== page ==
Making work in the US: The ‘Rendition’ series

Posted on Sunday May 13, 2012

The ‘Stuffed Figures’ series (see previous post) really kicked my work along. I experimented using some fur on one of them, and it worked okay. Then I thought, why not try covering one with fur instead of the hessian? This didn’t work – too heavy-handed – but it set me thinking about other ways to achieve ‘furriness’. Some of the first ‘Stuffed Figures’ works looked slightly furry where the wood shavings poked out through the open weave of the hessian or where the cut ends of the hessian stuck out, and my creative lightbulb switched on…ker-thunkk-fizzz-splutter! Instead of covering the figures with a single sheet of hessian, why not cut it into strips, and wind these around the forms to hold in the wood shavings stuffing?

By the time I’d made my second furry stuffed figure, it was obvious that they came from a much darker mental place than the first ‘Stuffed Figures’ series. Their abject quality became clear – but what did they signify? Outside my studio window, I heard another heavy transport plane take off from the nearby US Air Force base. Where was it going –Afghanistan,Guantanamo Bay,Turkey? What was it carrying – arms, people? This triggered the title for this series – ‘Rendition’. ‘Rendition’ is the charming term used to describe the act of sending suspected terrorists out of the US to countries like Egypt and Turkey for ‘enhanced interrogation’, another charming term formerly known as ‘torture’.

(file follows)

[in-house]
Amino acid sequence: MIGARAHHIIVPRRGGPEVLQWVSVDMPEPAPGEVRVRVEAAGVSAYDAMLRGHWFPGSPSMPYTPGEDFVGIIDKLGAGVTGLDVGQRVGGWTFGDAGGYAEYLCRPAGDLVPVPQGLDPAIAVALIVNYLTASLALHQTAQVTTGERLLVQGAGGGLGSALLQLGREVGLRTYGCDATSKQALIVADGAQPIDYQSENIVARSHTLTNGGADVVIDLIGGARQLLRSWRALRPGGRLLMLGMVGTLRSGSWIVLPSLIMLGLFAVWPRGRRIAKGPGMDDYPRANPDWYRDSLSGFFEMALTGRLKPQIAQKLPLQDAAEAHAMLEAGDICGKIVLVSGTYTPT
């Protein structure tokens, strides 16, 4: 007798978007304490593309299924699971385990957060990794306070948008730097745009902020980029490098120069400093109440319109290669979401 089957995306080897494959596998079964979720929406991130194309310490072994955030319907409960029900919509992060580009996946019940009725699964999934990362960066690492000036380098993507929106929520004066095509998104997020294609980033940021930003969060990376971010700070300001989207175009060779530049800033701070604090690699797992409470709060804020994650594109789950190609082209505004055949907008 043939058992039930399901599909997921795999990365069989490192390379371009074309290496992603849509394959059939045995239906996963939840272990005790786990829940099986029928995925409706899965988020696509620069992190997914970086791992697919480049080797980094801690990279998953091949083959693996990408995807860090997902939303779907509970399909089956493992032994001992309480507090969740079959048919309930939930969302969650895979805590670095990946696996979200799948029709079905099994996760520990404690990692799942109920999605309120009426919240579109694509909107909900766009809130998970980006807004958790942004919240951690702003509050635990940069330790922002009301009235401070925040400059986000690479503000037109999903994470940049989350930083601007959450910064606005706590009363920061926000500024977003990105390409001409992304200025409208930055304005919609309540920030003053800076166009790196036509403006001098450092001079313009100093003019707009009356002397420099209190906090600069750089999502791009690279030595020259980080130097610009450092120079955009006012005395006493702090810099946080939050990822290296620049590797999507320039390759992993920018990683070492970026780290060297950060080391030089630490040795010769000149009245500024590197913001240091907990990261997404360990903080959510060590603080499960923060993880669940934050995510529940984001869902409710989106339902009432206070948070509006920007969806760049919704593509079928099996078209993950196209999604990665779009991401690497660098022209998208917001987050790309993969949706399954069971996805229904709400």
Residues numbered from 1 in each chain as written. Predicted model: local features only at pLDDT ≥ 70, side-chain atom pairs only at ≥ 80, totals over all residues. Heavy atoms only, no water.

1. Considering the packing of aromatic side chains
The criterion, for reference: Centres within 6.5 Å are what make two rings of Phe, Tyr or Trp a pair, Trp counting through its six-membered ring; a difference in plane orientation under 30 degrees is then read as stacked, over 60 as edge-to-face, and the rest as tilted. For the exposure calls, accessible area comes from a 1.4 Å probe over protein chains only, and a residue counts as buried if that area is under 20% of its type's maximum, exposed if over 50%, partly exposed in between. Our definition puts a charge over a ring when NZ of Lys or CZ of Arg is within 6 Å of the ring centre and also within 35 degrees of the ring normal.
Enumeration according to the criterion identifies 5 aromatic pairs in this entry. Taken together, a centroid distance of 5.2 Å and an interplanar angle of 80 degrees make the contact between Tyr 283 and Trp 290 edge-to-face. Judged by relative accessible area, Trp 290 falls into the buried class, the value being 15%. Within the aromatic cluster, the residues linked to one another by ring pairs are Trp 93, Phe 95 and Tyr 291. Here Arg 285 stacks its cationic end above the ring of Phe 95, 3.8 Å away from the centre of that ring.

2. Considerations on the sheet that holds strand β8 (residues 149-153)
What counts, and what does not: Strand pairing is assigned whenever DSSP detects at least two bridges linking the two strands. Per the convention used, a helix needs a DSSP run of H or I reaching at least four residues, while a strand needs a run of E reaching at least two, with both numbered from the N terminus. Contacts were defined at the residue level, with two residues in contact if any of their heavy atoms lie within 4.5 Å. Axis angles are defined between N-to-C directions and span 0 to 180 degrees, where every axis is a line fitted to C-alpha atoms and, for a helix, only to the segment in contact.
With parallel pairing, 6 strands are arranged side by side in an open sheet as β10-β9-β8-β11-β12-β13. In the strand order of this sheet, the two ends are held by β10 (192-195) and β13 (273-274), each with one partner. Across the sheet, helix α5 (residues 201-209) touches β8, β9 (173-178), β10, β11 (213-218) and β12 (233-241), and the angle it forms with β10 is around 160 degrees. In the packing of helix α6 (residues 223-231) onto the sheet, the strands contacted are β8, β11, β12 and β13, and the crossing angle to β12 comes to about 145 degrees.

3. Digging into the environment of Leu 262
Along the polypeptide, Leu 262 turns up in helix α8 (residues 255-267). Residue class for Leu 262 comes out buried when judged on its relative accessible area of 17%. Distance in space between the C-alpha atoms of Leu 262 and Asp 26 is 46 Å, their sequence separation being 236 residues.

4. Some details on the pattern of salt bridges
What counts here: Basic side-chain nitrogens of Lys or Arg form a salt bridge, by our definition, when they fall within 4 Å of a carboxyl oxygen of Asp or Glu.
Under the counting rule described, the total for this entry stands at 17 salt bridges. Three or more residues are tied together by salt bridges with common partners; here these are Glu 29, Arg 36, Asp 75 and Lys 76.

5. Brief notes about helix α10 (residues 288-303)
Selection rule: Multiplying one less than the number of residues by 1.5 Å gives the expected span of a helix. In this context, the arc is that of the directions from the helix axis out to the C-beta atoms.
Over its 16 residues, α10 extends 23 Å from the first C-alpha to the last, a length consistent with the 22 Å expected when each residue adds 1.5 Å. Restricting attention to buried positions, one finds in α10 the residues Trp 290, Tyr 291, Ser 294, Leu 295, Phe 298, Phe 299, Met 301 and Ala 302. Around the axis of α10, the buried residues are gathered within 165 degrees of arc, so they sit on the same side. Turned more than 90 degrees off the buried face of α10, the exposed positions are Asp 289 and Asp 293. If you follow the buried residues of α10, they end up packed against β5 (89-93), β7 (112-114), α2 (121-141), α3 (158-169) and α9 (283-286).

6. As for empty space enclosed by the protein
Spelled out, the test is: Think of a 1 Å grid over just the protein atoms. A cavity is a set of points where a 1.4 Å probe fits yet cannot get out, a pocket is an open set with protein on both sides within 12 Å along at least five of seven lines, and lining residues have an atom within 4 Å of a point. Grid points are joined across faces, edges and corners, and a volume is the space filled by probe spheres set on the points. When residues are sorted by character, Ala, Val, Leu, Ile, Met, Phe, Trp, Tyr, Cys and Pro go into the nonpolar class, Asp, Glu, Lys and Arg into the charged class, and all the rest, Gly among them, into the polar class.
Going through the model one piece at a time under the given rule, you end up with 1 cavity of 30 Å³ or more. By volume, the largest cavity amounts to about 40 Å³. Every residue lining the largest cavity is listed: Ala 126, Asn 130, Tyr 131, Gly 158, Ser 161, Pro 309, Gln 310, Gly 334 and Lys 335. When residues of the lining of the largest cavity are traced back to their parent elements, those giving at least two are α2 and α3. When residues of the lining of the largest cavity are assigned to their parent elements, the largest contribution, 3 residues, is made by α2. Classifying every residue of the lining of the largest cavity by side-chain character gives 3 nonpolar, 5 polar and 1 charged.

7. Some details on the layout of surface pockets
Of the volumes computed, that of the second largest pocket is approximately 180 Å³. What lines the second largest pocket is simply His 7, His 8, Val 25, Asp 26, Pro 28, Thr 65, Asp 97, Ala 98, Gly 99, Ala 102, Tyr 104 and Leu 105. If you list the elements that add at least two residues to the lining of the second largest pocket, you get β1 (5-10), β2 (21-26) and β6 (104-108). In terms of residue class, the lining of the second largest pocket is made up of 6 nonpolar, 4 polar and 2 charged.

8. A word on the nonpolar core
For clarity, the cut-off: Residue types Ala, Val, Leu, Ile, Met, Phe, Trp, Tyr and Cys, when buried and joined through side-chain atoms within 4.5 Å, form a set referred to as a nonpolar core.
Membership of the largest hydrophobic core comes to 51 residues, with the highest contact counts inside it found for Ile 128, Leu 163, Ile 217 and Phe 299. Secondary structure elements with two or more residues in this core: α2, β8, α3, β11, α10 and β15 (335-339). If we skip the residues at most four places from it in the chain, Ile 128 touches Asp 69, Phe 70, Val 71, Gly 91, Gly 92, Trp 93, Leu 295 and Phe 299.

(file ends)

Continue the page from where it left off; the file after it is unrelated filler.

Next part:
This would also allow me to execute the figures in two planes, instead of a single plane. (That’s planes as in dimensions, not military aircraft. We are assured that suspects are not executed in those.)

After I’d made several of these figures, a colleague and I began using them as props for a series of photographs. The top floor of the building in which I had my studio had just the right atmosphere: old brick walls, worn timber floors, stout wooden pillars holding up the roof, a few windows. At day’s end, the low slanting light coming through the windows created a dramatic setting – totally at odds with the modern starkness of a military prison, but more evocative of degradation and despair.

Some of the ‘Rendition’ figures installed in the warehouse space

Friends who’ve seen the pix of the works generally go quiet for the first few seconds. Let me know what you think.